OFWs not barred from going to Zika areas
The deployment of overseas Filipino workers (OFWs) to Brazil and 27 other Latin American countries affected by the mosquito-borne Zika virus continues despite the rapid spread of the virus blamed for brain damage in babies.
Labor Secretary Rosalinda Baldoz said the deployment had not been suspended in the absence of alert levels issued by the Department of Health (DOH) and the Department of Foreign Affairs (DFA).
“(N)o alert levels have been issued by the DOH and DFA,” Baldoz said in a text message. “So there’s no deployment ban to those countries, as of today.”
But the Department of Labor and Employment (DOLE) head said both the Philippine Overseas Employment Administration and the Overseas Workers Welfare Administration, both DOLE-attached agencies, had included the Zika virus in their predeparture seminars for Filipino migrant workers.
In the seminars, OFWs are provided with information such as employment concerns, travel regulations, immigration procedures and cultural differences between the Philippines and migrant workers’ host countries.
South America accounted for just 2,832 OFWs in 2013 of the more 10 million Filipinos working and living overseas, according to the Commission on Filipinos Overseas.
The World Health Organization (WHO) earlier declared a global emergency over the spread of the Zika virus in Latin America and its suspected link to the surge of babies born with microcephaly, a congenital condition associated with incomplete brain development and abnormally small heads.
WHO estimates there could be up to 4 million cases of Zika in the Americas by next year.
A Reuters report said the confirmed cases of newborns with abnormally small heads linked to the virus had reached 4,074 as of Jan. 30.
A spike in the number of Brazilian babies born with brain defects and abnormally small heads has been linked to their mother’s contracting the virus during pregnancy.
The DOH has advised pregnant women to avoid visiting places where there had been reported cases of the disease.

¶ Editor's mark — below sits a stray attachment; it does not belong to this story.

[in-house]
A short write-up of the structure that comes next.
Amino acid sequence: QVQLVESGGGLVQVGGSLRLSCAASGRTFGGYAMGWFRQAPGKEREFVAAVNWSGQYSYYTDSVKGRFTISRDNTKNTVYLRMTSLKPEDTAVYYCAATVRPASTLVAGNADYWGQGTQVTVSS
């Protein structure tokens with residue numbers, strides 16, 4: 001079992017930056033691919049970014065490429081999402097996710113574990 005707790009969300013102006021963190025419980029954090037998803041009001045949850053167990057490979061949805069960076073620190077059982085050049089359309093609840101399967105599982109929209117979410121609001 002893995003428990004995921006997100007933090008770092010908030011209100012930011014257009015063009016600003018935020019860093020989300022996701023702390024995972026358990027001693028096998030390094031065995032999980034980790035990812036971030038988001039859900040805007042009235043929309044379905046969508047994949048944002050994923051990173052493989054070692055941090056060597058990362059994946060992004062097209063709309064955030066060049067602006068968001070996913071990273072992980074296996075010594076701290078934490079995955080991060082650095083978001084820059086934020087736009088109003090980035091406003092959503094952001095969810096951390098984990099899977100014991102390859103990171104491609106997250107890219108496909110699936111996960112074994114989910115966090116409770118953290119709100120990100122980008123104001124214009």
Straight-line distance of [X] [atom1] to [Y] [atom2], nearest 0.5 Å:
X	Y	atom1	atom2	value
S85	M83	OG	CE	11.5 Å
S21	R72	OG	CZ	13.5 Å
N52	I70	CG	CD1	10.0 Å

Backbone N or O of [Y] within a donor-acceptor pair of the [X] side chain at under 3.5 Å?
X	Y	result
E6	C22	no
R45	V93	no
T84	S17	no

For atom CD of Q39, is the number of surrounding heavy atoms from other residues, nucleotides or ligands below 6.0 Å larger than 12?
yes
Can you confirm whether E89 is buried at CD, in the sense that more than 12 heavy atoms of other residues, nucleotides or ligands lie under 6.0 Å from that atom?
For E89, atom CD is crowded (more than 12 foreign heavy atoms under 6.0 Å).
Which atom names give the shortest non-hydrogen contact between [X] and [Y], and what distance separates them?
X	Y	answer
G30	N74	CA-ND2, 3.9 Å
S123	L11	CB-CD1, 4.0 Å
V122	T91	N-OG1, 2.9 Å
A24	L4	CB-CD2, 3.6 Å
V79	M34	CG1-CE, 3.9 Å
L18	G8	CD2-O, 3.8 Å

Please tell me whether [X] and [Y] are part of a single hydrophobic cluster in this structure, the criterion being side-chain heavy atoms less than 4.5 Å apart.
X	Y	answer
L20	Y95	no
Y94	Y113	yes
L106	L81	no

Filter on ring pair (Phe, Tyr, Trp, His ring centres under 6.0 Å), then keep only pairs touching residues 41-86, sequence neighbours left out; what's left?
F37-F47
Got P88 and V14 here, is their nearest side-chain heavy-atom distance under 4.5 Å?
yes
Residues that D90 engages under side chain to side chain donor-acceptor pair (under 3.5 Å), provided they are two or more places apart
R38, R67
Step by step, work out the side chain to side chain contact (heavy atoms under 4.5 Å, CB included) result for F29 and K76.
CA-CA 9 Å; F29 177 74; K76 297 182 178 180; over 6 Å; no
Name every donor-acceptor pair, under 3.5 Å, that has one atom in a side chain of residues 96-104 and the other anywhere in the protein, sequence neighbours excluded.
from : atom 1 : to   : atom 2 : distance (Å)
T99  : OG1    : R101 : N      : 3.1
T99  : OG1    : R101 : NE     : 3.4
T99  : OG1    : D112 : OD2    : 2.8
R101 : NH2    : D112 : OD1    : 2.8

“The Zika virus per se is not alarming to the patient. What is alarming is the possible effects to the fetus during the first three months of pregnancy,” Health Secretary Janette Garin said.
Garin said the government remained vigilant against the disease since the mosquito carrying the virus was present in the Philippines.
In Washington, the Philippine Embassy on Thursday issued an advisory, urging members of the Filipino-American community in the United States to take caution against the Zika virus.
“Members of the Filipino-American community are further advised to learn more about the Zika virus disease—its cause, symptoms, methods of transmission, preventive measures and confirmed cases—by visiting the websites of the WHO and the US Centers for Disease Control and Prevention (CDC),” the Philippine Embassy said in an advisory posted on its website.
The Philippine government, through the DOH, earlier advised its citizens to remember and use ‘4S’ against the Zika virus and other mosquito-borne diseases.
The 4S means “Search & destroy mosquito-breeding places, use Self-protection measures, Seek early consultation for fever lasting more than two days and Say ‘yes’ to fogging when there is an impending outbreak.”
The Philippine Embassy noted that cases of Zika infections had been reported in the United States, where 31 Americans in 11 states and Washington were reportedly diagnosed with Zika infection contracted while traveling abroad.
On Feb. 2, the CDC confirmed the first known case of local transmission in the continental United States in this latest outbreak.
WHO has not recommended the imposition of any travel, trade, or screening restrictions related to the Zika virus disease.
“However, it is advised that travelers going to and coming from countries with known Zika virus cases maintain a high level of vigilance and self-care,” said the Philippine Embassy.
An estimated 3.4 million Americans tracing their ancestry to the Philippines live in the United States.
At least six state hospitals in the Philippines would be attending to suspected cases by next week, according to the DOH.
The Research Institute for Tropical Medicine (RITM) in Muntinlupa City, one of the medical facilities, can accommodate patients who show symptoms of Zika infection, which usually begins three to seven days after being bitten by an infected mosquito.
The common symptoms include fever, rash, joint pain, conjunctivitis, headache and vomiting.
In Manila, the city government on Thursday assured residents that its six public hospitals were equipped to handle possible cases of the Zika virus.
In a statement, Manila Mayor Joseph Estrada instructed all city-run hospitals through their overall coordinator, Dr. Regina Bagsic, to “be prepared for any eventuality [of the Zika virus] and ensure the provision of free, prompt and complete health and medical services to all Manileños.”
The hospitals are Gat Andres Bonifacio Memorial Medical Center, Justice Abad Santos Mother and Child Hospital, Ospital ng Maynila Medical Center, Sta. Ana Hospital, Ospital ng Sampaloc and Ospital ng Tondo.
Dr. Benjamin Yson, head of the Manila Health Department that oversees the city’s health centers, said his office had taken precautionary action against the mosquito-borne disease by conducting fumigation and maintaining cleanliness in barangays.
“We want to make sure that our communities are clean to eliminate the presence of mosquitoes,” Yson said.
“[But] self-protection is key. Avoid wearing short clothing and apply mosquito repellent [lotions],” he added. With a report from Annelle Tayao-Juego
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